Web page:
<img height="1" width="1" style="display:none" src="https://www.facebook.com/tr?id=364338823902536&amp;ev=PageView&amp;noscript=1">

Now extended! Get 50% off 1 Year of Soundstripe

Save 50% for a limited time.

Get Started

Act now, before it's too late! Get 50% off 1 Year of Soundstripe


Time is running out! Act now.

Get Started


What is Mise-en-scène in Film? (And How Do You Actually Use It?)

Jourdan Aldredge

Mar 11, 2022

If I could impart one piece of film theory knowledge from my four years of film school, it’s this: There is no more powerful term in filmmaking than mise-en-scène.

For first year students it is pretty much the correct answer to every question on every test. But, for those who might not have gone to film school — or those who might need a refresher — what does mise-en-scène actually mean?

Tracing its origins back through theatrical productions and visual arts, let’s explore this all-powerful term and see how it can be applied to filmmaking. 


And while we won’t give you any tricky multiple choice questions at the end, we will make sure that you understand what mise-en-scène means, how it works, and how you can use it for your projects today.

What is mise-en-scène in film?

Simply put, the mise-en-scène definition is really about how everything within a frame of film is arranged. From the set and prop design to the lighting and even to how the actors are blocked throughout a scene. A good way to think about it is as everything in front of the camera.



You can see why this is such an important term in film school as it gives educators and students a quick way to talk about what you’re seeing in a film as you study each frame and sequence. 

However, it differs from other critical film elements like scripting and writing dialogue, camera movements and direction, and of course post-production and how scenes are cut together.

Let’s move on to really explore these individual elements of mise-en-scène and trace how they’ve been developed and used over the years.

Mise-en-scène analysis over the years



Owing its origins to stage and theatrical productions, the term mise-en-scène translates roughly to “placing on stage,” or “what is put into the scene” from French. And that’s basically the best way to think about it as it's been repurposed to refer to film and video.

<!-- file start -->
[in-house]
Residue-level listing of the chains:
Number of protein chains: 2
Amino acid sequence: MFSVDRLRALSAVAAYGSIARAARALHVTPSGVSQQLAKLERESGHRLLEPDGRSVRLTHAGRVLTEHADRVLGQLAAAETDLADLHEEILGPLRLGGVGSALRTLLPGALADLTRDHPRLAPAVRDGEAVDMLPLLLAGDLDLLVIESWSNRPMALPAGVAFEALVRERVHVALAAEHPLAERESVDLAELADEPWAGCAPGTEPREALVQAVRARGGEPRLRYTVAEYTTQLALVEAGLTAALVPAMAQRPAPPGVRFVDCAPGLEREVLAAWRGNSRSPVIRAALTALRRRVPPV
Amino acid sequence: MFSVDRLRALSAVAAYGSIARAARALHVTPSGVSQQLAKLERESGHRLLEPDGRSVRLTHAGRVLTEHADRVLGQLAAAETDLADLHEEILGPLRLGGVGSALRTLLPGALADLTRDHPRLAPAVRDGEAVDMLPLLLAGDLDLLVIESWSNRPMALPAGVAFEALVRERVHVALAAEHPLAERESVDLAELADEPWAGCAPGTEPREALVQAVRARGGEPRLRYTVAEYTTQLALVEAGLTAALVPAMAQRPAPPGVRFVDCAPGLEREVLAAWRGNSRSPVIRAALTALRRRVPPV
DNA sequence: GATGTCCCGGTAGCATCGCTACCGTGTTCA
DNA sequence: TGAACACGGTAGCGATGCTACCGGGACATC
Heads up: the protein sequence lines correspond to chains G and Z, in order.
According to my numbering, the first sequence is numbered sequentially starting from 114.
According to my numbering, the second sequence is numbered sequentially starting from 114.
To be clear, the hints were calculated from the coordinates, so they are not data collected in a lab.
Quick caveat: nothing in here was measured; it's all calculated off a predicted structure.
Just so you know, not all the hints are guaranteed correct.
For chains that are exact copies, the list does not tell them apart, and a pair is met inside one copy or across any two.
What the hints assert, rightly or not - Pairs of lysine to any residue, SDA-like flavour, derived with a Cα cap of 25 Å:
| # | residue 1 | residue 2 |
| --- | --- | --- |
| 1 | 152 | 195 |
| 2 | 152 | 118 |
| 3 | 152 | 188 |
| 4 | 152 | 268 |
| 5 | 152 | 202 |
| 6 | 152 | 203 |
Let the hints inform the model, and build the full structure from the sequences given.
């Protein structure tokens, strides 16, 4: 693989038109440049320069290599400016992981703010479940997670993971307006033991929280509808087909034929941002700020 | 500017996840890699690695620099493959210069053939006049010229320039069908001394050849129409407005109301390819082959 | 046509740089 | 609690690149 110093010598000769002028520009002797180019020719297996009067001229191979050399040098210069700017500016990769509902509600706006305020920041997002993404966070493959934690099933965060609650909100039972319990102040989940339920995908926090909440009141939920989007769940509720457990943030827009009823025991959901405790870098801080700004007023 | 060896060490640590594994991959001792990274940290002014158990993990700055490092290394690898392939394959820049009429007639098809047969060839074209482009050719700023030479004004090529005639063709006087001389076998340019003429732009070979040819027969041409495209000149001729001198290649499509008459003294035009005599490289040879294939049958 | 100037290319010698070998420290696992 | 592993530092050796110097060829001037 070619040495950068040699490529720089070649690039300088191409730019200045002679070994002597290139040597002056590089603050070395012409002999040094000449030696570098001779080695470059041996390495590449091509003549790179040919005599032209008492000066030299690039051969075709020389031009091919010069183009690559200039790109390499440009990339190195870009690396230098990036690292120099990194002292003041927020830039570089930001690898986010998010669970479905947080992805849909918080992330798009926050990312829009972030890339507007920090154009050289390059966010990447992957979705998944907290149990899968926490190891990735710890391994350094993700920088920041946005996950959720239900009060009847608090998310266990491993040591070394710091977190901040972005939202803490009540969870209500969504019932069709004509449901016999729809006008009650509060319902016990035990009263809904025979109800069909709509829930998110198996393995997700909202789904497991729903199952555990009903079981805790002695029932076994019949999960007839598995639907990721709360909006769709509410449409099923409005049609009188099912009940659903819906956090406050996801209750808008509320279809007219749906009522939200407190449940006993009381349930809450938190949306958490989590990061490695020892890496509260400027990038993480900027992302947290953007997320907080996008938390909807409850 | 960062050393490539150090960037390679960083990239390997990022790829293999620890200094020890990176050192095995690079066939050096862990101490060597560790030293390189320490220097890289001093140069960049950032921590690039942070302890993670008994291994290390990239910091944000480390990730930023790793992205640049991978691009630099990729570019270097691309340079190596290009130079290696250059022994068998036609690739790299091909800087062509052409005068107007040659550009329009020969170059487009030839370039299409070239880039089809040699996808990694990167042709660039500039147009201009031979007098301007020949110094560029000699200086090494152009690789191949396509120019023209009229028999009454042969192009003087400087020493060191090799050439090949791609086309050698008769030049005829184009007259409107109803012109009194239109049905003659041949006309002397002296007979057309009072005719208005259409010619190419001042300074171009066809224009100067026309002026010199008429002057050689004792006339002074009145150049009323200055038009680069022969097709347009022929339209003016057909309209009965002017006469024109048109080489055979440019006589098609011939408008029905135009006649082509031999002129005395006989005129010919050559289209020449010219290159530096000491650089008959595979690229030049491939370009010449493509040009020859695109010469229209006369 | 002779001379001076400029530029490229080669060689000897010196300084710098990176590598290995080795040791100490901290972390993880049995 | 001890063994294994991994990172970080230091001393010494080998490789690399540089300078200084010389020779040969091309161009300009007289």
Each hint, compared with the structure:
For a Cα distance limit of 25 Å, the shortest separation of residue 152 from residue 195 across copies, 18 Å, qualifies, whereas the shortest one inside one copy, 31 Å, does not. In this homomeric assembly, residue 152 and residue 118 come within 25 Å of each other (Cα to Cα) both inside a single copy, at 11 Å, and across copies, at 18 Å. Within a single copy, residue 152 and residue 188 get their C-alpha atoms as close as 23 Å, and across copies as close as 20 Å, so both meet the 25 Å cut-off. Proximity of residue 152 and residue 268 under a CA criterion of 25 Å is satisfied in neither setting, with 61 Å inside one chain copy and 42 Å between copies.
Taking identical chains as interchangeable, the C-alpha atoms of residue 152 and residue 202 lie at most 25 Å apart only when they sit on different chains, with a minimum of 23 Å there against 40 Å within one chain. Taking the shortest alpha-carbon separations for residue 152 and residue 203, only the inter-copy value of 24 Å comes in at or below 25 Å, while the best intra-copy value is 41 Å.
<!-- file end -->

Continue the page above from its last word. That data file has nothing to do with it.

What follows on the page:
From its theatrical roots, we can see how even simple elements like props and costumes can convey a lot to an audience in terms of where we are, what’s going on, and who these characters are that you’re seeing either on a stage or on a screen.

As you could expect, many of the first filmmakers were theatrical directors themselves and they would often think of setting their cinematic scenes much in the same way they might shape their stage plays. 

And as film developed, we moved away from silent cinemas and static cameras. But while more and more elements became available for filmmakers and cinematographers, these basic film production principles remain the same.

Exploring the elements mise en scène



As far as all of the elements in front of the camera, here are some aspects you should consider part of mise-en-scène and visual presentation for your projects:

  • Location: The first element of mise-en-scène is simply the location of your shot. Is it indoors or outdoors? Is it filmed on location? Is it meant to signify a specific time and place? 
  • Set design: From there, set design is used to really build out the location to feel the real-world. Set design as mise-en-scène will include all of the furniture, windows, and other set elements.
  • Props: Props usually fall under set design but are distinguished as set elements actors can physically interact with. 
  • Costumes: The costuming of your actors is also important as part of the mise-en-scène as it will help tell your audience more about who your characters are, where they’re coming from, and/or where they’re going (and why).
  • Hair and makeup: Similarly, hair and makeup is crucial on any set to further build a character’s identity and backstory. After all, the way someone styles their hair can tell quite a bit about who they are.